A custom 404 page will ensure if a visitor lands on a page that is missing, they have options to find what they’re looking for. It should include a link to the homepage at the very least.

Users love images and videos, you’ll want to see a good balance of them on the site.

Section 6: Site Speed

This is the first section in the audit checklist that covers any technical SEO issues.

The goal is 2 seconds or less.

You’re welcome to use any tool you like as long as you get all the information you need to assess the performance of the site. I personally recommend GTmetrix or webpagetest.org. In this case, we’ll use GTmetrix.

Aside from an under 2 second load time, ideally, the page size should be under 1MB and the requests under 50 wherever possible. That’s how I determine whether those sections are good enough or whether there is room for improvement.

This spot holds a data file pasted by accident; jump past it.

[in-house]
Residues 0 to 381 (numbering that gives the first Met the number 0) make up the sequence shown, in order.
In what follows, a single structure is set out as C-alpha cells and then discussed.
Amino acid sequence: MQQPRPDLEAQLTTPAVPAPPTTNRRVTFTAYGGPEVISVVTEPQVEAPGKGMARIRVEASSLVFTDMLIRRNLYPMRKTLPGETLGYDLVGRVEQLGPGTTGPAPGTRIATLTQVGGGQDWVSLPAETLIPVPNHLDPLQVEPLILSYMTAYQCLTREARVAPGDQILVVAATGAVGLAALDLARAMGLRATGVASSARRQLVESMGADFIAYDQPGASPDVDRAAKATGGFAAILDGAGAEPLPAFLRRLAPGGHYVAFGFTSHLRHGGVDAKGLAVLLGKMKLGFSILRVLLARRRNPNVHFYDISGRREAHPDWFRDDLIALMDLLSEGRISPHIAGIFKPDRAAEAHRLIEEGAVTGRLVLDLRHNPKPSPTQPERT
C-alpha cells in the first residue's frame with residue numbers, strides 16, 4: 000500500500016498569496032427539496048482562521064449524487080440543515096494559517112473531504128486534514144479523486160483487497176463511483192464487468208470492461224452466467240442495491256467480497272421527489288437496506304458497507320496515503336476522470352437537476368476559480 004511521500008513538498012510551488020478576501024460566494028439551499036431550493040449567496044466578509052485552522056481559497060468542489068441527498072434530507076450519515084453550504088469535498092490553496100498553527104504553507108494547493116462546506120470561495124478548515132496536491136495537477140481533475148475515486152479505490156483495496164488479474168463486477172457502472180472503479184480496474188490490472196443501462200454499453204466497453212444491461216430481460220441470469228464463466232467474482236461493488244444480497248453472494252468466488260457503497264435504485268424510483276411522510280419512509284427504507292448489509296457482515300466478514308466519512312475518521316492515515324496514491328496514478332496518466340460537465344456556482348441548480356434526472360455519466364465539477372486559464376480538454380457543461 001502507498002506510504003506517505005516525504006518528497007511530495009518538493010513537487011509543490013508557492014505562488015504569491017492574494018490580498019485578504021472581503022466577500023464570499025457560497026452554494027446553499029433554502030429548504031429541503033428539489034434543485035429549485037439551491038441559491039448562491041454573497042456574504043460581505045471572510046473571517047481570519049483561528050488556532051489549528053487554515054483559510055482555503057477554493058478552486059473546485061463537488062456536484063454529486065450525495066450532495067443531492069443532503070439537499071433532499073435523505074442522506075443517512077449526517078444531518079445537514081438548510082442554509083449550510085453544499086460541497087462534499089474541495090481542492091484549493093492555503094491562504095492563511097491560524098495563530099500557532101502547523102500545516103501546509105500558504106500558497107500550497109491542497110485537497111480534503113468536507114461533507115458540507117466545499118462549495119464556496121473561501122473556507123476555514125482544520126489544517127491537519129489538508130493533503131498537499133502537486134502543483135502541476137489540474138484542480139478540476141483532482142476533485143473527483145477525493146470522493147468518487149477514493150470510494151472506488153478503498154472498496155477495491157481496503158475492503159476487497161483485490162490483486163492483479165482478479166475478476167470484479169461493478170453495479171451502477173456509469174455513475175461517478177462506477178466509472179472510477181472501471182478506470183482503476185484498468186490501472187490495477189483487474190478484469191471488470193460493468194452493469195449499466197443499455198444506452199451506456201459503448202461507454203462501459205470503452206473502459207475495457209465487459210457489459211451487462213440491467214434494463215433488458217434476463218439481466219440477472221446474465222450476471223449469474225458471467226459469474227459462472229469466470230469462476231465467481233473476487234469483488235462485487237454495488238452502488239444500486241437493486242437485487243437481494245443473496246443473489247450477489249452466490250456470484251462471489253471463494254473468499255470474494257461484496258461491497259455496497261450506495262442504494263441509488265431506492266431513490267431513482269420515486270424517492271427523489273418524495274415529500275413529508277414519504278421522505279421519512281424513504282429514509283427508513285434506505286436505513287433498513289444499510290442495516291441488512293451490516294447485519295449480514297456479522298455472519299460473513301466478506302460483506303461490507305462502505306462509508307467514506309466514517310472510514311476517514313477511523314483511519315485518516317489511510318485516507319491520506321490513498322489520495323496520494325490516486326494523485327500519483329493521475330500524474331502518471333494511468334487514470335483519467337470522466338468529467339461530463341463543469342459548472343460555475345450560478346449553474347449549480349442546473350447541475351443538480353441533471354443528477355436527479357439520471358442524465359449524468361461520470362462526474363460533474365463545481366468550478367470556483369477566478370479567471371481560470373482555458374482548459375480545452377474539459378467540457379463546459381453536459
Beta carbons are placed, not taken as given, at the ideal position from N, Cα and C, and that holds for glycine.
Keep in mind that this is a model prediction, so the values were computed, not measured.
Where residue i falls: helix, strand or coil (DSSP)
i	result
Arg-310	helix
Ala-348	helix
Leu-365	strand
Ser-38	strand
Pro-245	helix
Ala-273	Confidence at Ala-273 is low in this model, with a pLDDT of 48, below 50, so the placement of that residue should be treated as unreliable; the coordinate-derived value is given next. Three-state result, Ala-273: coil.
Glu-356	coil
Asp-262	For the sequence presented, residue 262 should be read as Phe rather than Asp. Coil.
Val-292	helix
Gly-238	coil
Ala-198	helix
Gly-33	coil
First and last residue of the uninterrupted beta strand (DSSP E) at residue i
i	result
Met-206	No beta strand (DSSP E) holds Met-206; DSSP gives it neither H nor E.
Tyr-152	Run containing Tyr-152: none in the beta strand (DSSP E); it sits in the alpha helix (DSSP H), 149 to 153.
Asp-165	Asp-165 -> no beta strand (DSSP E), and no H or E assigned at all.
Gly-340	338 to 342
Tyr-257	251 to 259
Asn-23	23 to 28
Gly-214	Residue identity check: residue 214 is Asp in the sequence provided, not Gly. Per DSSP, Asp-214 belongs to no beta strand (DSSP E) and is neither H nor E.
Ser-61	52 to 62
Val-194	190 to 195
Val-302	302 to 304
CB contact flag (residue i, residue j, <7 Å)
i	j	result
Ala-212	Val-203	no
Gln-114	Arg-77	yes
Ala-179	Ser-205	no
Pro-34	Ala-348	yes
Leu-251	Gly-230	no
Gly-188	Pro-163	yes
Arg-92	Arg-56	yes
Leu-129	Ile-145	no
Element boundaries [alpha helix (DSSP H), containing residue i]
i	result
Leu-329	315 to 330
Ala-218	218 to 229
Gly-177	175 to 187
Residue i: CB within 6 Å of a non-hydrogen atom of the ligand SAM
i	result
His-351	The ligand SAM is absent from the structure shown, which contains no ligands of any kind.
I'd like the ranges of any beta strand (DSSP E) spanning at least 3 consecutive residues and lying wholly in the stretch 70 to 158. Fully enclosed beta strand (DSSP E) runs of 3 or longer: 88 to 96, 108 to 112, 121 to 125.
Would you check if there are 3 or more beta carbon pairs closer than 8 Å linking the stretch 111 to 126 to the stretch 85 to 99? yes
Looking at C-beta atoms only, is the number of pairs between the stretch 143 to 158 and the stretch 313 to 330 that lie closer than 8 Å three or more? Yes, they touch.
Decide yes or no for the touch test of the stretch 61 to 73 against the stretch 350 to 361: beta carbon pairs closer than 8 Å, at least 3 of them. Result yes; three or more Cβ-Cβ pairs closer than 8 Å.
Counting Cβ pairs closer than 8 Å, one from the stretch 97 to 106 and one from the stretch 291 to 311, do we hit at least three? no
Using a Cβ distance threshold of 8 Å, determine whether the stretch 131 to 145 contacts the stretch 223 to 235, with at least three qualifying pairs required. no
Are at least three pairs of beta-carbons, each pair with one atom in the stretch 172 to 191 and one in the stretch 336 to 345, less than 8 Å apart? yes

Since this depends on a lot of variables and the results differ each time you run it, it’s best to run it at least 3 times and come up with an average.

The page speed tab below the scores will let you know what will need to be done to improve page speed. Expand each problem area to find out which URLs are contributing to the issue. You’ll often find some third-party scripts which can’t be optimized from your server. In those cases, they will eventually need to be loaded asynchronously or the loading deferred to the end of the page.

Only a few of the most common issue have been added to the template, but it’s enough to get a good idea of the work needing to be done.

By checking the waterfall tab, you can determine how long it takes for the server to send back a response as well as a break down of each request. They can also be expanded to get more information.

It’s a good idea to look at all the requests and possibly take note of anything that really stands out, but you’ll only need the first request for this template. The goal is under 500ms (half a second). Much more than that and you may want to suggest or consider a different host. Enter the value into the template in seconds. In this example, 450ms would be marked down as .45. If you need another host to improve your sitespeed, I recommend using SiteGround.

The completed section would look like this image using the example data above. Granted, this site has already been optimized and you’re not likely to see the same results on most sites you will audit.